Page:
Monbiot troubled for us the linear spectrum of state and market, as a scale in which to establish ones political orientation. The economy is not so simple, he argued; it has four economies. The other two? The household, and the commons. Why do we need to admit these into the political realm? The household is crucial in the economy; the unpaid labour of (predominantly, but not universally) women invests labour into the development of future generations. And the commons, a community resource that is unable to be sold and that is controlled by the local neighbourhood, provides a hugely significant opportunity for the locale to benefit jointly from a shared resource. Here, I think of the well-known Gibson-Graham “iceberg model,” where the authors propose that we can pursue community economies that evenly distribute surplus, and recognise community interdependence beyond the realm of financial economics. Where we draw from the commons (that is, the land), but in a means that allows us to care for it, sustain it, and replenish it.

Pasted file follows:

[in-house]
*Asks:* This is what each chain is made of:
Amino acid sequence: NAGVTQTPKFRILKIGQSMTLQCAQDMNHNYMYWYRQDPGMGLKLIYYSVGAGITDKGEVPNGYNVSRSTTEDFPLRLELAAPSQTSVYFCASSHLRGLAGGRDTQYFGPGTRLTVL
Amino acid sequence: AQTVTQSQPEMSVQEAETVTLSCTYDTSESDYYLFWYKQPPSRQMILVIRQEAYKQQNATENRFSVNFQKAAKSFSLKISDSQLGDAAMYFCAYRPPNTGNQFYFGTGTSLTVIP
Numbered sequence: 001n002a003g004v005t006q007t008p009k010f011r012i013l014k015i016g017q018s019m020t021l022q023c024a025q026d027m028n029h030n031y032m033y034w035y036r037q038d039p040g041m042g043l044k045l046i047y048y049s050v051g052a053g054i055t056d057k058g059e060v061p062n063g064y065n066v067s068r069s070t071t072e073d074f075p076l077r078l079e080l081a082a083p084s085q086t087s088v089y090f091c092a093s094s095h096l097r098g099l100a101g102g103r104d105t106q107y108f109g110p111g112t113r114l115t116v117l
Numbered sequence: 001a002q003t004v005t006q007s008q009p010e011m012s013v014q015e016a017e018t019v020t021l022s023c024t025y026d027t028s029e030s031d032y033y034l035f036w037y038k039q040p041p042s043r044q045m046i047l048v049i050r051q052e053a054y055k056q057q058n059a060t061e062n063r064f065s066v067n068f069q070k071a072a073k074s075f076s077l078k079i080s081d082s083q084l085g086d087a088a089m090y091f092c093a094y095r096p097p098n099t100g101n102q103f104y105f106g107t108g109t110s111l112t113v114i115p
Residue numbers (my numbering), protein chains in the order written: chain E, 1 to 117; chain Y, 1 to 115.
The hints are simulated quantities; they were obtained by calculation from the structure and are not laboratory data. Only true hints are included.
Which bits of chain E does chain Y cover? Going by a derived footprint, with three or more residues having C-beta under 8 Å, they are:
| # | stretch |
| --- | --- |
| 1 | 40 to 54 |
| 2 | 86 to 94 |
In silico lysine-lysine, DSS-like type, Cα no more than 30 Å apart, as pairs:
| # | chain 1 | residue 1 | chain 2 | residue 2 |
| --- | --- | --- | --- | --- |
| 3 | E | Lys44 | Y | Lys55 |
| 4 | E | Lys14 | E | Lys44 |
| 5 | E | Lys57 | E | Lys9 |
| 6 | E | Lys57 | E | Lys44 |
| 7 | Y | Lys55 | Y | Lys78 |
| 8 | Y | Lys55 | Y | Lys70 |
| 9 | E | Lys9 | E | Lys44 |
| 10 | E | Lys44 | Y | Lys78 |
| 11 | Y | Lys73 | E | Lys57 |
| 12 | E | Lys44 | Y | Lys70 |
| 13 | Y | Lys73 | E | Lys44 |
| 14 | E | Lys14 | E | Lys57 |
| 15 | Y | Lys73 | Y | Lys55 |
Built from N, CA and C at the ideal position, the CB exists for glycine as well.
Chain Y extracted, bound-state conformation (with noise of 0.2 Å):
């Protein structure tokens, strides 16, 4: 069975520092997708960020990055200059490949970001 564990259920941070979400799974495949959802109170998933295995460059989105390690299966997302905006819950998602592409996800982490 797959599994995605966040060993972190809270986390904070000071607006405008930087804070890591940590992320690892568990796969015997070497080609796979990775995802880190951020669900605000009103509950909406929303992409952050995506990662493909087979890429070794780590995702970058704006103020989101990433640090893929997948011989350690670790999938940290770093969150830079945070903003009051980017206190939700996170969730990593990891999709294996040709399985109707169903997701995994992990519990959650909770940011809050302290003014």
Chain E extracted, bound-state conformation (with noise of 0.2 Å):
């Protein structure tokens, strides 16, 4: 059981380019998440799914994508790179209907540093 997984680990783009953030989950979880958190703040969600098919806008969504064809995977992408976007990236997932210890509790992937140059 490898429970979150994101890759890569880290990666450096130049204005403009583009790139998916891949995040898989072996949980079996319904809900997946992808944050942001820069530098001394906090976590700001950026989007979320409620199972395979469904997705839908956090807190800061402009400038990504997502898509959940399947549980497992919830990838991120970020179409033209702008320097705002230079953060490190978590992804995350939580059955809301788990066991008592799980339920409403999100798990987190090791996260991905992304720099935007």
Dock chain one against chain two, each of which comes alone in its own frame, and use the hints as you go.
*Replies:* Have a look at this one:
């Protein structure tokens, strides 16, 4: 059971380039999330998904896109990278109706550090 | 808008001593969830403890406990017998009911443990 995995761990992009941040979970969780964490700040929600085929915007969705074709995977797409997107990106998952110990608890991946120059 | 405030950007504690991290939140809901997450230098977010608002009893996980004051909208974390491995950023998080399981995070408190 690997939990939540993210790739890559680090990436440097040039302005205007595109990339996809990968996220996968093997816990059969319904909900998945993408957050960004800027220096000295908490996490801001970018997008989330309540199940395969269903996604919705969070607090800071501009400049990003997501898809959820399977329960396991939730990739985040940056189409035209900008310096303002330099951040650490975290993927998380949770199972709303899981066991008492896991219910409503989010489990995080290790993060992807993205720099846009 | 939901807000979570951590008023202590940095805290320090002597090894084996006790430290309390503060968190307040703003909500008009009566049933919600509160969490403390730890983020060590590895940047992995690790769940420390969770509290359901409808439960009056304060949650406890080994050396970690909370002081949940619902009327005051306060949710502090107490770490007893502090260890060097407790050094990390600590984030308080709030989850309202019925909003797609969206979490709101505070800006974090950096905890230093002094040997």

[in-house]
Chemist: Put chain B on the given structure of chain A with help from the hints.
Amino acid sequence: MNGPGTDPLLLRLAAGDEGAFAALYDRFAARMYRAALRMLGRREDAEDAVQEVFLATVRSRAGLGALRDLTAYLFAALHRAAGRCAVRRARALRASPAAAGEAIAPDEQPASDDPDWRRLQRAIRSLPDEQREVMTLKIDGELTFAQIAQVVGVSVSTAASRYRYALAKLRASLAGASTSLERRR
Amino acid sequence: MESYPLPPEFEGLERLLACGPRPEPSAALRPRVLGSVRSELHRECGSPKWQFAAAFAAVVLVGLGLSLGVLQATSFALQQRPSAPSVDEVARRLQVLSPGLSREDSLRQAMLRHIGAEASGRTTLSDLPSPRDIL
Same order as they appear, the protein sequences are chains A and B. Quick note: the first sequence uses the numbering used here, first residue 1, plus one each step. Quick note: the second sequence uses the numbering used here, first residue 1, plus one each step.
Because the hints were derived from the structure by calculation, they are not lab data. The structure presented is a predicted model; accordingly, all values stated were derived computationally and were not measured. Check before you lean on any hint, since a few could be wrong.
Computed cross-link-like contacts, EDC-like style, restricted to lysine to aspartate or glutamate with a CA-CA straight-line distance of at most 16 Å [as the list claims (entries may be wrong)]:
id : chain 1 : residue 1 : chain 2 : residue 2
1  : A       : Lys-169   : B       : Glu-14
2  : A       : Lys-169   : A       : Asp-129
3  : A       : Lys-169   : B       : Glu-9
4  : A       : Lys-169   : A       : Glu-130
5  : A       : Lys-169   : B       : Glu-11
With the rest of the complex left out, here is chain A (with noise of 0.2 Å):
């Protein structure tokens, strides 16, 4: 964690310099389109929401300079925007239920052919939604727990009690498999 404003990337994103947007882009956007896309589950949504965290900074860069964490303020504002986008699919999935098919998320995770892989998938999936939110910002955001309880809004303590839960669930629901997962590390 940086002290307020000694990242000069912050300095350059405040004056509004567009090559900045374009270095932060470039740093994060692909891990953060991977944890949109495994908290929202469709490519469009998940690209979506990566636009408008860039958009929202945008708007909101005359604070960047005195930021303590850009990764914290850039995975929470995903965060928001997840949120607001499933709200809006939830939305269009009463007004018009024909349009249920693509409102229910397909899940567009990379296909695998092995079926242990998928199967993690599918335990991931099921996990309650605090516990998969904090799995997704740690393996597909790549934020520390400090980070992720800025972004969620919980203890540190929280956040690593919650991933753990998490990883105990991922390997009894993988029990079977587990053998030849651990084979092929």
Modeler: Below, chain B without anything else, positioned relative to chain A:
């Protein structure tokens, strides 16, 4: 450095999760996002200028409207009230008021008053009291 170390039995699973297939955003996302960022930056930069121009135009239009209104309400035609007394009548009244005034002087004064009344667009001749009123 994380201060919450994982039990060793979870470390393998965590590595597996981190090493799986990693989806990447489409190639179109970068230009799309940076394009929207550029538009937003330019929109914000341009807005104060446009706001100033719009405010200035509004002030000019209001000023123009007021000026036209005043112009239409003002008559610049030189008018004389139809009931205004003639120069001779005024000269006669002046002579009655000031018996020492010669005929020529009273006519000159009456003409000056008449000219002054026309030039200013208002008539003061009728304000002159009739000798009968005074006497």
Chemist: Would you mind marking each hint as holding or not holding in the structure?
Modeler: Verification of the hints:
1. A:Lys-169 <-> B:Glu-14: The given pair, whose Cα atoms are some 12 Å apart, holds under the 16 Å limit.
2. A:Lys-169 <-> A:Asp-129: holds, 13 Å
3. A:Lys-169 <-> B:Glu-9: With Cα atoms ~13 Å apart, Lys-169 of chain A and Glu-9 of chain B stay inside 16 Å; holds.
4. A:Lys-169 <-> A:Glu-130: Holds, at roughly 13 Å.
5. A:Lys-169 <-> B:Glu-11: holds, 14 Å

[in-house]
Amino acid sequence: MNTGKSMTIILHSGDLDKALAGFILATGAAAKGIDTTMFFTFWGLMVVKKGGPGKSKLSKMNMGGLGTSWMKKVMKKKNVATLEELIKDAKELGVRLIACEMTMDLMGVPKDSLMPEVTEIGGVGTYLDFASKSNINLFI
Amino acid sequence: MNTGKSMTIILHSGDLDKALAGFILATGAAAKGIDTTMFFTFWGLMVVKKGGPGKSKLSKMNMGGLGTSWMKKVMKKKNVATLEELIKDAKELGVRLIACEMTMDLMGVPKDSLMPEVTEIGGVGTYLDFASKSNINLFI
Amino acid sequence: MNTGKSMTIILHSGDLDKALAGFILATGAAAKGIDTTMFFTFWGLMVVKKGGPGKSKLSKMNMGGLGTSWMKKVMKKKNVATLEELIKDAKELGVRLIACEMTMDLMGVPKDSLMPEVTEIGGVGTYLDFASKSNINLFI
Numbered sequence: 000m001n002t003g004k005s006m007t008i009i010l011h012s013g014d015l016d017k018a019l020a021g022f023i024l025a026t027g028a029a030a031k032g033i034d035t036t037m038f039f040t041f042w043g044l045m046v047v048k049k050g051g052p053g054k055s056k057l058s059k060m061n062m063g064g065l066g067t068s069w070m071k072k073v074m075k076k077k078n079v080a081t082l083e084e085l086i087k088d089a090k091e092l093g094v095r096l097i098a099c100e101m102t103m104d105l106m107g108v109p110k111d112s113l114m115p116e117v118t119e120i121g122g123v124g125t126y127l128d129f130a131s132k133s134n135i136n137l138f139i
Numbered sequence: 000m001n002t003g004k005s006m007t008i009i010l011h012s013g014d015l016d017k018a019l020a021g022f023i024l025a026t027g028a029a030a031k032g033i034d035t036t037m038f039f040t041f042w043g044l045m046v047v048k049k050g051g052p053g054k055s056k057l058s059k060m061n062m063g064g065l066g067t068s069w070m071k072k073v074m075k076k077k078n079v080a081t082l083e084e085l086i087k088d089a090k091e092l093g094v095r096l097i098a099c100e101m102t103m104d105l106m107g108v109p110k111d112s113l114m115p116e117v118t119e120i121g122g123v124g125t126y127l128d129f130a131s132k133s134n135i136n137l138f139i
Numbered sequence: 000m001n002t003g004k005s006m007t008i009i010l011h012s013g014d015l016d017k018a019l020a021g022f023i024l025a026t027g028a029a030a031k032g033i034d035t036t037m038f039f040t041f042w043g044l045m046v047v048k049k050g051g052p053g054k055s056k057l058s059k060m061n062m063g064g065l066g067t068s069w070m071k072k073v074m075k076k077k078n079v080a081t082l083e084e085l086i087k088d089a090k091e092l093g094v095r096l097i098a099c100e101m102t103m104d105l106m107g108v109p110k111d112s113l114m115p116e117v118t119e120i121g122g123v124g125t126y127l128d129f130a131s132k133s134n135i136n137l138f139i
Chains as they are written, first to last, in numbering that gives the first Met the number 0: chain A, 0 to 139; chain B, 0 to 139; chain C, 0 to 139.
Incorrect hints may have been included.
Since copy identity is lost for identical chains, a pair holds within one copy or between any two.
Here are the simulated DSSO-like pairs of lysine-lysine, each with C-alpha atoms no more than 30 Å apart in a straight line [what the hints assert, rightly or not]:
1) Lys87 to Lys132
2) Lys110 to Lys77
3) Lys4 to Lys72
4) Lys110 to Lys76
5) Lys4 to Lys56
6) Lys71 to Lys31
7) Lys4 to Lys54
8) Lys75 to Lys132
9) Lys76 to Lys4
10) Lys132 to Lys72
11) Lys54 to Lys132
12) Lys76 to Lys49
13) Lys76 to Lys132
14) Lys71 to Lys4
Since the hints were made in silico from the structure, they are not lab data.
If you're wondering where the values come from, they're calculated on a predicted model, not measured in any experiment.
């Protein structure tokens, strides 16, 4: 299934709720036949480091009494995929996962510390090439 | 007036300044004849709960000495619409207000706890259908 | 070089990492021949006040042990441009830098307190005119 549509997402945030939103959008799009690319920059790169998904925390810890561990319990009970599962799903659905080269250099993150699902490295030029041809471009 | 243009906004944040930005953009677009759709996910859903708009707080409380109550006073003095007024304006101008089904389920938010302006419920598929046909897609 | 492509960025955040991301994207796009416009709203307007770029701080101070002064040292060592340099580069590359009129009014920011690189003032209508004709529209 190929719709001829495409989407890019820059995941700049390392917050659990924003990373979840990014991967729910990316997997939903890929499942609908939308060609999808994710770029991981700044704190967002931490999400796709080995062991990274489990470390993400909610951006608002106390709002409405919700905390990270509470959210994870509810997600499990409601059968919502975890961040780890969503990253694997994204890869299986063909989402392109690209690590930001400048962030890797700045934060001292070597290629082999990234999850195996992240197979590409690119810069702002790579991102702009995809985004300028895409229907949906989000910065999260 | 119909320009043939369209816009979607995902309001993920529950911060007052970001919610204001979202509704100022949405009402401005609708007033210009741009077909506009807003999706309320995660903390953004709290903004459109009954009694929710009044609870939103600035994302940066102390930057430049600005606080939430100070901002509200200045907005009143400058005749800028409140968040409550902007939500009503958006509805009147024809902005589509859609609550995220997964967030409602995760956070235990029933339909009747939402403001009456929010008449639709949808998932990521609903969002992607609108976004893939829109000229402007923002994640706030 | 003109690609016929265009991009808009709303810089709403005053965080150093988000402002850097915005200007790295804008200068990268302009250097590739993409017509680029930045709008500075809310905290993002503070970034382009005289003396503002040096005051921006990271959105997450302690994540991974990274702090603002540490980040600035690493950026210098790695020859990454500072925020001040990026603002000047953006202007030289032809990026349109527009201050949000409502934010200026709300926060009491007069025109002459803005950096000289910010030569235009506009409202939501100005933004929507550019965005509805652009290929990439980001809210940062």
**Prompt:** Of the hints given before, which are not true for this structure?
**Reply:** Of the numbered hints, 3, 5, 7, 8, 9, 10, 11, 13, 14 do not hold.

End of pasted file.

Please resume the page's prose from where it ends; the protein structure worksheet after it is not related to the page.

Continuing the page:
But how to rejuvenate this in the era of neoliberalism? Well, Monbiot seemed to have a solution. Granted, it has its obstacles. But a hopeful vision? Certainly. It envisages a solution that enhances the quality of life, without requiring a constant growth and expansion that is dangerously encroaching on environmental boundaries and thresholds.
The land was once a commons. Now however, it has become compartmentalised, enclosed, renovated, and turned into private property, appropriated for profit. Monbiot instead proposed an alternative strategy: an initial high taxation rate is given, not to the landlords, but to the local governments. Part of this profit can be extrapolated for various social projects and endeavours. And the remainder can be given back to the local community, in order to create a community investment into land. This investment is community orientated, directed, and managed. He used the example of affordable housing, where people could design their own homes, forming communities in the process through interaction and co-operation.